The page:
Jennifer Doudna and John Ngai, both UC Berkeley professors of molecular and cell biology, are among 78 grants announced today (Monday, May 10) by the foundation in the fourth funding round of Grand Challenges Explorations. The winning proposals, selected from almost 2,700 in this round alone, were submitted by scientists in 18 countries on six continents.
Below are articles from various sources about members of MCB and their research.
Professors of Genetics, Genomics and Development Tom Cline and Barbara Meyer are both 2010 recipients of Genetics Society of America (GSA) awards for distinguished service to the field of genetics. Professor Cline has been awarded the Edward Novitski Prize for exhibiting an extraordinary level of creativity and intellectual ingenuity in solving a significant problem in genetics.
The third annual Genetics, Development and Molecular Evolution Supergroup Symposium will take place on Wednesday, May 19, 2010. Details and free registration are available at the link below.
Professor Emeritus of Neurobiology Frank Werblin is the recipient of the Retina Research Foundation's 2010 Paul Kayser International Award in Retina Research. This honor is given every other year to one or more vision scientists who have made a significant contribution to knowledge about the retina or retinal disease. Please join us in congratulating Professor Werblin on receiving this prestigious award in recognition of his many important discoveries, which have advanced
The 2010-11 Molecular & Cell Biology GSI application is now available: http://mcb.berkeley.edu/grad/main/gsi-appointments/
Make sure to review the Projected GSI needs as some of the courses requiring GSI's has changed from last year.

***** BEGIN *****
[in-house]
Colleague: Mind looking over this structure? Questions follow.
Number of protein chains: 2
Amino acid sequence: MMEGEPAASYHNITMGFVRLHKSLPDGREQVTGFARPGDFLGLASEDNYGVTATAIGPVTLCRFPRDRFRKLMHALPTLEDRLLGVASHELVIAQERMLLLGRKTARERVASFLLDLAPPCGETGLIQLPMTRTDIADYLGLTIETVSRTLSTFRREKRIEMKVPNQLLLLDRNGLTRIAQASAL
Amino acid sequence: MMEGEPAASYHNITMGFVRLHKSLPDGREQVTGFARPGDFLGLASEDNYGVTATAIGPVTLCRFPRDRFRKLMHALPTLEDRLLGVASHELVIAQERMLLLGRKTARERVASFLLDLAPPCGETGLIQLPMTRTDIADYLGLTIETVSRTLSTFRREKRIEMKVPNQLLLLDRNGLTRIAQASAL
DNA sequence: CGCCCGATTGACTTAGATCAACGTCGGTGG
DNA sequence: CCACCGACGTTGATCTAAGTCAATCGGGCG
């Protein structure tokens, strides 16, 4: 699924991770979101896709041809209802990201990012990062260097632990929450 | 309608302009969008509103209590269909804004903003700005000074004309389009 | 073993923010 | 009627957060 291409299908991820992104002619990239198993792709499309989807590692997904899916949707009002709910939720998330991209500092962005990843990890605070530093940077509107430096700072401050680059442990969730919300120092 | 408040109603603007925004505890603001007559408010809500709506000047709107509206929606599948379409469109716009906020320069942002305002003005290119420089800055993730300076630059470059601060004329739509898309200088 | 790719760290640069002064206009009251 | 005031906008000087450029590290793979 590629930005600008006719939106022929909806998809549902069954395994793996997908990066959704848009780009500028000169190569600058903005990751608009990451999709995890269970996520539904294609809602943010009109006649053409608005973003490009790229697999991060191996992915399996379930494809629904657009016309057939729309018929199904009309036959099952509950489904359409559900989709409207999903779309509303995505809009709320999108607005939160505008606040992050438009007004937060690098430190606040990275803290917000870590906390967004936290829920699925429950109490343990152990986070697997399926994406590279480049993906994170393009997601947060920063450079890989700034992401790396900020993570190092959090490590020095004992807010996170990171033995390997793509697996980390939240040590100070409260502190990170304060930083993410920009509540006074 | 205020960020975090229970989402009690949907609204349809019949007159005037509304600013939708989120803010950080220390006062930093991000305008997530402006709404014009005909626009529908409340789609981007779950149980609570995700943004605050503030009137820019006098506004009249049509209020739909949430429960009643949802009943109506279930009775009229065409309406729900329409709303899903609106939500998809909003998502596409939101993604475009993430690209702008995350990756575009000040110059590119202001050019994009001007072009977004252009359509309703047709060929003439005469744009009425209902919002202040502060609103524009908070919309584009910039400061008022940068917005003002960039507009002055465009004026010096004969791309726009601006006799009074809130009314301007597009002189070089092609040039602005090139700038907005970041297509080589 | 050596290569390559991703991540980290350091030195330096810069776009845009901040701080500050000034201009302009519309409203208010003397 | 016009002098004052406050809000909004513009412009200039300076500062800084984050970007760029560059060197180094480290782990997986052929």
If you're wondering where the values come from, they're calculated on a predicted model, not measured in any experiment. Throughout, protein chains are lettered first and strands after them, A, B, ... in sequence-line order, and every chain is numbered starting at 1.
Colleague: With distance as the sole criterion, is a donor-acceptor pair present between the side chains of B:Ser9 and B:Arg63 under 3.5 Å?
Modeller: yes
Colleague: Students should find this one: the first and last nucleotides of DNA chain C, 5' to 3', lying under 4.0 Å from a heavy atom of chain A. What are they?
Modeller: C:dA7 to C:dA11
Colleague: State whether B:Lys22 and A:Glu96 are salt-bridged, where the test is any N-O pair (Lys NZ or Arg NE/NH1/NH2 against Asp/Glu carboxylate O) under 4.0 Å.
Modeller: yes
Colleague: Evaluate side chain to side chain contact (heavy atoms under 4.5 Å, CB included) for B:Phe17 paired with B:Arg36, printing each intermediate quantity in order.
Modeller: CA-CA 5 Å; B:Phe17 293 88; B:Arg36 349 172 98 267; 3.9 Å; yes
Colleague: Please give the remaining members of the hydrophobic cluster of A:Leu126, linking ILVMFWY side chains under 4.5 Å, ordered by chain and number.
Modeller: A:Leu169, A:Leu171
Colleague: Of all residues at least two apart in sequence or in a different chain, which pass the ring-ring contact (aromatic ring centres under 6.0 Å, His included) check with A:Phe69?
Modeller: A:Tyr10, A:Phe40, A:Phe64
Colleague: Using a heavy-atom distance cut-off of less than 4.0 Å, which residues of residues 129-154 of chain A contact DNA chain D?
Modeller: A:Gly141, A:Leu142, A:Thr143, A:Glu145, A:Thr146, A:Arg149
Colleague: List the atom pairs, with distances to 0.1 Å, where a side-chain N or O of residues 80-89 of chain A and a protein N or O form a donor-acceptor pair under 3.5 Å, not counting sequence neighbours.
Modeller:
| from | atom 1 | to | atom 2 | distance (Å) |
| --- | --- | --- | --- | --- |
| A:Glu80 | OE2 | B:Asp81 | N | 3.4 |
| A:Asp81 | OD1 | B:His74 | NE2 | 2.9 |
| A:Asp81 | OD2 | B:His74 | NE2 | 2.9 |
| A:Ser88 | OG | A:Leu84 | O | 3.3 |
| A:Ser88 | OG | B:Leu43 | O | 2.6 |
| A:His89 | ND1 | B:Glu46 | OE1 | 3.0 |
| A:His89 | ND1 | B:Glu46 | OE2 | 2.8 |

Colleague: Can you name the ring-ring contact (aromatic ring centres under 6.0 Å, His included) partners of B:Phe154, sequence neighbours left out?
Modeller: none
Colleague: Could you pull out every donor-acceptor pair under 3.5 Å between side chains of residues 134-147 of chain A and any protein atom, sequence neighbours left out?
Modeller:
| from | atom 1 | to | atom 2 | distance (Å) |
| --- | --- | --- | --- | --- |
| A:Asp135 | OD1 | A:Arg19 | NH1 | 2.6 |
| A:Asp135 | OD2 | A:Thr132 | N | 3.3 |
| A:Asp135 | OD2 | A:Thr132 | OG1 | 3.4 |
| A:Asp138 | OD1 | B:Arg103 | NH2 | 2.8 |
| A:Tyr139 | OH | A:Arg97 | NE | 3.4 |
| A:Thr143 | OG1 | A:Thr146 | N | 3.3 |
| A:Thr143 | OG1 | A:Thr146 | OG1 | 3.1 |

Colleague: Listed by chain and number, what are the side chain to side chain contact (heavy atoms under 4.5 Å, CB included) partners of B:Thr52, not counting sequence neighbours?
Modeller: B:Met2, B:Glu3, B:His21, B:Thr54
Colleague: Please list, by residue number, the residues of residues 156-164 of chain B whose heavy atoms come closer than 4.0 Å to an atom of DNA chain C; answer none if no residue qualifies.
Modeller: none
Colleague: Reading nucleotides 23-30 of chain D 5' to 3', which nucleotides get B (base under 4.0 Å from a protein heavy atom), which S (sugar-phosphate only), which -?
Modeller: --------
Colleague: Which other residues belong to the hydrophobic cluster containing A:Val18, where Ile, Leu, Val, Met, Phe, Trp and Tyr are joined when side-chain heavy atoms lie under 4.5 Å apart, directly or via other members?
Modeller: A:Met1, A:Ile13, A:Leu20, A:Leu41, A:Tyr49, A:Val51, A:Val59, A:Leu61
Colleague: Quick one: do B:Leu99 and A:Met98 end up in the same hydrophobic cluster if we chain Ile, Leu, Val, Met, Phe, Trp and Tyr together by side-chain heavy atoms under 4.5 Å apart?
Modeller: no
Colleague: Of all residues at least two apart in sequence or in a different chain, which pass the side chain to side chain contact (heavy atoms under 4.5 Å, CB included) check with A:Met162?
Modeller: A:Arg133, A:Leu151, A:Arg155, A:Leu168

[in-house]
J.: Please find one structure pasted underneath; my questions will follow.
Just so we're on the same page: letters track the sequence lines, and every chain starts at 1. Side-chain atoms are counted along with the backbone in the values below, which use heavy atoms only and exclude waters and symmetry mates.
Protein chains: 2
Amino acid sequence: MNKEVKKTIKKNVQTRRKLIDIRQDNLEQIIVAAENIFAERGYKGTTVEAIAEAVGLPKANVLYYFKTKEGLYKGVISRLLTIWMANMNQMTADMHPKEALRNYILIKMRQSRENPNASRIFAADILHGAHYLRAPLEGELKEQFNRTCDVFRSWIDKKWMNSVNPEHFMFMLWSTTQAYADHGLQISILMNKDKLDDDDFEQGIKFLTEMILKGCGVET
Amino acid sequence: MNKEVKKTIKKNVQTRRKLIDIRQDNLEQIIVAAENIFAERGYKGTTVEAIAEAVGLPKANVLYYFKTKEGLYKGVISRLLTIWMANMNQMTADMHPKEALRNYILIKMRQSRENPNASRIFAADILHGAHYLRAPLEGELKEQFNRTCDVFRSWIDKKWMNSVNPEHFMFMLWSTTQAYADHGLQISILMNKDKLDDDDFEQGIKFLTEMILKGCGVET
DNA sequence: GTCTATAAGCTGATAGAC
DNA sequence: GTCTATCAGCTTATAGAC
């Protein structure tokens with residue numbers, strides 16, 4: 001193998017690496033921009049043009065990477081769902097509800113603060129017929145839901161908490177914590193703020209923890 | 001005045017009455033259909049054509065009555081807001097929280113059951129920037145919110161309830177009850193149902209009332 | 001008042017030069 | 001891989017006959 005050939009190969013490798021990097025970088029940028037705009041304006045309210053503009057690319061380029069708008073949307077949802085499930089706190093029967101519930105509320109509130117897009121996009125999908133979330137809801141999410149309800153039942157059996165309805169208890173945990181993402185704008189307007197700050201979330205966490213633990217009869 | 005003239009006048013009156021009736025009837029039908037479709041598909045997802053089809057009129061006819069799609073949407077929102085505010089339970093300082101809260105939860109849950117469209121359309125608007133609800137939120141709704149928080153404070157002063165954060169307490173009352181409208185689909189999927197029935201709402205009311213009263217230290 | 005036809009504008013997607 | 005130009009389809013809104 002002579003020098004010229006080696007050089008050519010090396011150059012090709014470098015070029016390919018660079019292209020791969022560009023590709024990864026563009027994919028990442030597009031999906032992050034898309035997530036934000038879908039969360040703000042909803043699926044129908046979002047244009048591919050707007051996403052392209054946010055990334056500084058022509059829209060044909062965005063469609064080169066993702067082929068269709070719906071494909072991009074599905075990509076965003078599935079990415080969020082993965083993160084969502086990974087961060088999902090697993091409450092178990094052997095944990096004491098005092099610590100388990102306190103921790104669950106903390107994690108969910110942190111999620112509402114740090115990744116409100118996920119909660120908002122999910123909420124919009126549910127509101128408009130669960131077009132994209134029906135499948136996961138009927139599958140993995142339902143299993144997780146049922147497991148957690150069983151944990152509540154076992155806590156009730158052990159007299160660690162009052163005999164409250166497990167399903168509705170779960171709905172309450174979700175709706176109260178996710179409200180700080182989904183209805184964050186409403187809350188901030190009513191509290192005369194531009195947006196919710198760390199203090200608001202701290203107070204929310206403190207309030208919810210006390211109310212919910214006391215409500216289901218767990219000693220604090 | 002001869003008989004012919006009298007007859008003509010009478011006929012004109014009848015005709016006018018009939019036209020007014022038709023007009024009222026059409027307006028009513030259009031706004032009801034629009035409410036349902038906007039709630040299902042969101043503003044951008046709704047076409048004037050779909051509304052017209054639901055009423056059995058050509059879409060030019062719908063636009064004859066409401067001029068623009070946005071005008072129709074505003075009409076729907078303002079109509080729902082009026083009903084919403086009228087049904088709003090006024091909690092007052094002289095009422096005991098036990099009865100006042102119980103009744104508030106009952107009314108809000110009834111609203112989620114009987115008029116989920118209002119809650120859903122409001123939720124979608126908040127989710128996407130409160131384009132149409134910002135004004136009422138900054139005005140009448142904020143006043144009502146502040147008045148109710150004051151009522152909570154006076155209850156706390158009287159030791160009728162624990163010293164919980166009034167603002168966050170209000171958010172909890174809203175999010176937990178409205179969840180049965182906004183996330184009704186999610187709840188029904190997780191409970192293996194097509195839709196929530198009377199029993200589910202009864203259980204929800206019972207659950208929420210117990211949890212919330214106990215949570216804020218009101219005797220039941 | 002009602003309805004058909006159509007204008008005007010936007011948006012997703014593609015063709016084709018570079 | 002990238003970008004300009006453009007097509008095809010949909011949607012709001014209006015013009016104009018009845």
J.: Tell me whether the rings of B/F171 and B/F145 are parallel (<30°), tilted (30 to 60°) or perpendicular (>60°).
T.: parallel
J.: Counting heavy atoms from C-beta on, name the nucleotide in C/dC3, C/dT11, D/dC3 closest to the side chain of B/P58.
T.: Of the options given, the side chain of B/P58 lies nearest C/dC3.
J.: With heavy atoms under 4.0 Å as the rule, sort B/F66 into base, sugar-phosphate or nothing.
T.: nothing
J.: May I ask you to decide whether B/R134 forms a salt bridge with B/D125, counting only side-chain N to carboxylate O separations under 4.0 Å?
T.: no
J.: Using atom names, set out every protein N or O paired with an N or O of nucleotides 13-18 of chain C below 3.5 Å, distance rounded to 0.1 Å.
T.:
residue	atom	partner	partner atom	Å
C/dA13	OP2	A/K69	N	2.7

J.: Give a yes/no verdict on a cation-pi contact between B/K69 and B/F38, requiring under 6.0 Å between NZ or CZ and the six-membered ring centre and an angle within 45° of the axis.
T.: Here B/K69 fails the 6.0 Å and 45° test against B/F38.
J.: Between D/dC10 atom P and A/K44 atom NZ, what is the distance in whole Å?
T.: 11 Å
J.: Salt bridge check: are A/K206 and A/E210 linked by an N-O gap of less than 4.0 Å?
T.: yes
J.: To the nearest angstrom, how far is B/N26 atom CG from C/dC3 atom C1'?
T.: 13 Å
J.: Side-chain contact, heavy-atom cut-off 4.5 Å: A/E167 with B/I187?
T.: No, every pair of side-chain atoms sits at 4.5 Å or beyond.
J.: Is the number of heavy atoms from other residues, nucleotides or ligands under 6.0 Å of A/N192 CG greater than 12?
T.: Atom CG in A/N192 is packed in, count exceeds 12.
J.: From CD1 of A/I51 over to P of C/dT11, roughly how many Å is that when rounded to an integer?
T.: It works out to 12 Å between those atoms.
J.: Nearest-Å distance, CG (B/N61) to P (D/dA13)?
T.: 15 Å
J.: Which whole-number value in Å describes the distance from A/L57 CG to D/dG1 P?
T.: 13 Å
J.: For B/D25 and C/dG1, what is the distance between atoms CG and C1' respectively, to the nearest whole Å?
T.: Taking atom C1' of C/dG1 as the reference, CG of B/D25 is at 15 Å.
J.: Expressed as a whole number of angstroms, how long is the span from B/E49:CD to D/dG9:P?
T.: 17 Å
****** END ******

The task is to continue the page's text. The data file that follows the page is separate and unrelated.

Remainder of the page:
The application deadline is Monday April 19th and the Divisional GSI Advisers will meet in early May to make the assignments.
First time GSIs will be involved in mandatory GSI training so plan to be on campus in mid-late August.
Assistant Professor of Immunology and Pathogenesis Greg Barton is the 2010 recipient of the American Association of Immunologist (AAI) BD Biosciences Investigator Award. This award is presented to an early-career investigator who has made outstanding contributions to the field of immunology.
MCB Professor of Neurobiology, Mu-ming Poo has recently published a paper in Science addressing a fundamental question of neurodevelopment about how neurons become polarized -- i.e. how growing neurites in a young neuron decide whether to become an axon or a dendrite. His group showed that reciprocal interactions between intracellular signaling cascades underlie this event.
Associate Professor of Cell and Developmental Biology David Bilder will receive the 2010 Harland Winfield Mossman Award in Developmental Biology and present an award lecture on ‰ÛÏFunction Follows Form: Linking Epithelial Polarity, Growth Control, and Morphogenesis in Drosophila‰Û during the Young Investigator Symposium at the Annual Meeting of the American Association of Anatomists (AAA)/Experimental Biology (EB) 2010.
The Cell & Developmental Biology Division is hosting a one-day Symposium on Non-coding RNA on March 23, 2010. Information about the schedule, speakers and free registration are available by following the link below.
In a report in this week's early online edition of the journal Proceedings of the National Academy of Sciences, University of California, Berkeley, researchers show that the H1N1, or swine flu, virus adopted a new mutation in one of its genes distinct from the mutations found in previous flu viruses, including those responsible for the Spanish influenza pandemic of 1918, the "Asian" flu pandemic in 1957 and the "Hong Kong" pandemic of 1968.Read more...
Erol Kepkep began working at the campus‰Ûªs Department of Instruction in Biology in 1987, when he was an undergraduate completing a double major in molecular biology and genetics. In 1989, he moved into the Molecular and Cell Biology Department, where he and his staff are responsible for two Biology 1A lab classrooms. Among the challenges of the job: tracking the lab‰Ûªs snakes and crocodiles when they go missing, juggling enrollment for 600-plus students each semester, and helping protozoans and cyanobacteria flourish.